Partly following these previous findings (7,9-12,18,19,28,29,31,33,34), advanced age, preoperative SCr, and prolonged CPB time were also found to contribute to the development of severe AKI in our study. Elevated SCr indicated impaired kidney function (32). Moreover, the population in our study was younger than those conducted in Europe and North America, reflecting differences in demographics (7,10,26,35). The relatively low incidence of severe AKI and in-hospital mortality were considered to be related to the youth of our subjects, extensive prior experience with this procedure, and meticulous perioperative management. In addition to surgical skills, high-volume centers also have greater experience with administering extracorporeal circulation, anesthetic, and intensive care. Our surgical team in TAR + FET procedure has a shorter CPB time, cross-clamp time, and hypothermic circulatory arrest time than other studies (26,36-38). Experience with this procedure may help to shorten CPB time and improve short-term outcomes (2).
Lower extremity ischemia was a risk factor for postoperative AKI in previous studies (10,39-43). Better renal and survival outcomes might be achieved with shorter lower body ischemic times. Moreover, spinal cord injury had also been demonstrated to play an important role in AKI (44,45). In our study, multivariate analysis showed preoperative lower limb symptoms were a risk factor for severe AKI. Limb ischemia or spinal cord injury might associate severe extension of the aortic dissection with renal malperfusion. We surmised that limb ischemia or spinal cord injury was the cause of lower limb symptoms, including pain, a decline of muscle strength, and sensory disturbances. In addition, it was likely that ischemia-reperfusion injury was an important pathophysiological change in severe AKI. The ischemia-reperfusion injury did not only affect the lower extremity but also the kidney, as a nearby organ (39). Rhabdomyolysis, which might be caused by ischemia-reperfusion injury, also might contribute to the development of severe AKI in previous studies (41,43,46). The results of this study confirmed the significant impact of lower limb symptoms on severe AKI for ATAAD patients receiving TAR + FET.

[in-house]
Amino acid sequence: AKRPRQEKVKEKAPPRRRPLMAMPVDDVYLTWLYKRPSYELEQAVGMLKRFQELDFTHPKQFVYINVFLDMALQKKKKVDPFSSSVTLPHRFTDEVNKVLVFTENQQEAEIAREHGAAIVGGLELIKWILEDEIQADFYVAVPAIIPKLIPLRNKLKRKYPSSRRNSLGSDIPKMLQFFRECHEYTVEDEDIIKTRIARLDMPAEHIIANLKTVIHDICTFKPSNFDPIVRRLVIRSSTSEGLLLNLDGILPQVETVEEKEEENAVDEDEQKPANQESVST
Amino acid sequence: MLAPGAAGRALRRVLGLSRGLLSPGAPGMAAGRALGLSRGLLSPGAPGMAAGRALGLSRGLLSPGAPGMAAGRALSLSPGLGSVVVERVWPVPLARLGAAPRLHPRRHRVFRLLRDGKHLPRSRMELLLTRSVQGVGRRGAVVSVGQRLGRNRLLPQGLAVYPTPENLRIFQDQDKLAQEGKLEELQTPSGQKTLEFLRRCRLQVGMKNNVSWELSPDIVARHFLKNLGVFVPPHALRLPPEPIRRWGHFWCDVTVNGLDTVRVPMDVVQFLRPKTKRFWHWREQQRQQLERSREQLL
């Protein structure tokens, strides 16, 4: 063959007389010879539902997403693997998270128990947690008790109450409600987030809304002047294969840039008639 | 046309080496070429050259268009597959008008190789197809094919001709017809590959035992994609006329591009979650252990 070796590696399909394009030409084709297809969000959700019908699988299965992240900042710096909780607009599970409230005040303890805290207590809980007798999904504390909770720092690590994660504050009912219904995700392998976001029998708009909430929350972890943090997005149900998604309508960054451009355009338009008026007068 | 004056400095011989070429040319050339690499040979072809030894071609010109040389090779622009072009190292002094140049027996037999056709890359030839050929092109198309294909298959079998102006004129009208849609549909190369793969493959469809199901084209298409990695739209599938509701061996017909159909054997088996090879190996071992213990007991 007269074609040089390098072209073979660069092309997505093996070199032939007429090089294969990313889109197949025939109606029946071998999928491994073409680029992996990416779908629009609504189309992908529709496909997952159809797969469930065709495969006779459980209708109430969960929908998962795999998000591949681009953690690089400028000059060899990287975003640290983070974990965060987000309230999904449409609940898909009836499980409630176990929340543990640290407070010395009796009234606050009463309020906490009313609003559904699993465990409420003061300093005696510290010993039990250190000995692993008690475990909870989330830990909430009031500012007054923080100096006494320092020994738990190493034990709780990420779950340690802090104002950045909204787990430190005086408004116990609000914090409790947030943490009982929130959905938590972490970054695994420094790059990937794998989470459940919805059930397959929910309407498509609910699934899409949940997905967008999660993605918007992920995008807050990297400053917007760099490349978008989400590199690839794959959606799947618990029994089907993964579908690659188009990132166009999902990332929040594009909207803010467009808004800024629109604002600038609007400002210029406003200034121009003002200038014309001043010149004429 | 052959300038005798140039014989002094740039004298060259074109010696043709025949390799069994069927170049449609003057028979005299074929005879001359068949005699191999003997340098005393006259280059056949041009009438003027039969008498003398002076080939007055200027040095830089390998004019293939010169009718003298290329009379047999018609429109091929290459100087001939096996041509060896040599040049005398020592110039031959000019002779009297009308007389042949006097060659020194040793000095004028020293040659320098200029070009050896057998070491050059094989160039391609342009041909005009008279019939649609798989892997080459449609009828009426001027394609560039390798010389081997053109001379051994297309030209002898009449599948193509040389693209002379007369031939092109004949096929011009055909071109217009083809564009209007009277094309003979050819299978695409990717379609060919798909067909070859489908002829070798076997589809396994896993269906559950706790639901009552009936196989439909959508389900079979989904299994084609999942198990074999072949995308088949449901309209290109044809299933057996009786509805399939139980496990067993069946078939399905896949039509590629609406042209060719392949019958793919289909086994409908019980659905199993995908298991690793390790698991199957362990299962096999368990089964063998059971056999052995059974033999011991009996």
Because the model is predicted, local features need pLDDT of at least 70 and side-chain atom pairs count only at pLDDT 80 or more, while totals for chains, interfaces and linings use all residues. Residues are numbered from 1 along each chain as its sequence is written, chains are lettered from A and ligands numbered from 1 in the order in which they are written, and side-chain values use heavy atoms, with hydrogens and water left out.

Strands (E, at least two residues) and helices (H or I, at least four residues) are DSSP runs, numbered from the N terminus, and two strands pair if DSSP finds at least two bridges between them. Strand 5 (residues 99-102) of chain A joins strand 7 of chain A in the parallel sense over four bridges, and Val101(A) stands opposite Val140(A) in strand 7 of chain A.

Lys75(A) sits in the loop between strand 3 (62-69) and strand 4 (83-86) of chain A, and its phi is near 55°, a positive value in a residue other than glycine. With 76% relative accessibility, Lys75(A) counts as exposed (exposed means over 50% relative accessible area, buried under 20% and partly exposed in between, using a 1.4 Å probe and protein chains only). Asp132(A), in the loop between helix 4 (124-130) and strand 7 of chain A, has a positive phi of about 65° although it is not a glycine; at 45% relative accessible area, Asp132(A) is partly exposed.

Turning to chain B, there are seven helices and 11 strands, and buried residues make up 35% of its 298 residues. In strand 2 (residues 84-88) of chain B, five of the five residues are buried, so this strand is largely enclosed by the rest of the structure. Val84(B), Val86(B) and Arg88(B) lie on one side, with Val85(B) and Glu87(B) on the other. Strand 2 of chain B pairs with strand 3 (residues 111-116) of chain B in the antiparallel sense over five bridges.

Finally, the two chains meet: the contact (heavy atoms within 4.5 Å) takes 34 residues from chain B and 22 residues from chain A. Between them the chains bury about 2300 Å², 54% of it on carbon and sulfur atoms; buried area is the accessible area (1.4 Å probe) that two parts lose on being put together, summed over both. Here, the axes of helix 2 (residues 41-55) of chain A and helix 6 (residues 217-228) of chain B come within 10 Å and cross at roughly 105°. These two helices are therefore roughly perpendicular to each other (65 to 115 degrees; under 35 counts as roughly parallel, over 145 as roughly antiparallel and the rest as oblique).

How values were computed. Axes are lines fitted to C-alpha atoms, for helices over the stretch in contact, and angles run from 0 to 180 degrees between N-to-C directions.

A previous study had correlated the risk of AKI with coronary artery involvement in patients with type A aortic dissection, which was confirmed through the results of multivariate analysis in this study (9). Based on Neri’s classification (47), coronary ostium repair, coronary ostium reconstruction (the button technique), and CABG were performed in patients with coronary artery involvement. Our findings suggest that coronary artery involvement occurs in 20.9% of patients, similar to previous studies (9,48). These additional procedures required longer durations of operation, CPB time, and kidney ischemia time, which likely increases the risks of severe AKI. Moreover, even if there is no myocardial ischemia, it does not mean it will not occur. A few patients without myocardial ischemia might develop suspected myocardial ischemia during surgery preparation due to coronary malperfusion, which may be caused by low blood pressure. Acute worsening of cardiac function due to myocardial ischemia may lead to severe AKI, known as cardiorenal syndrome type 1 (49).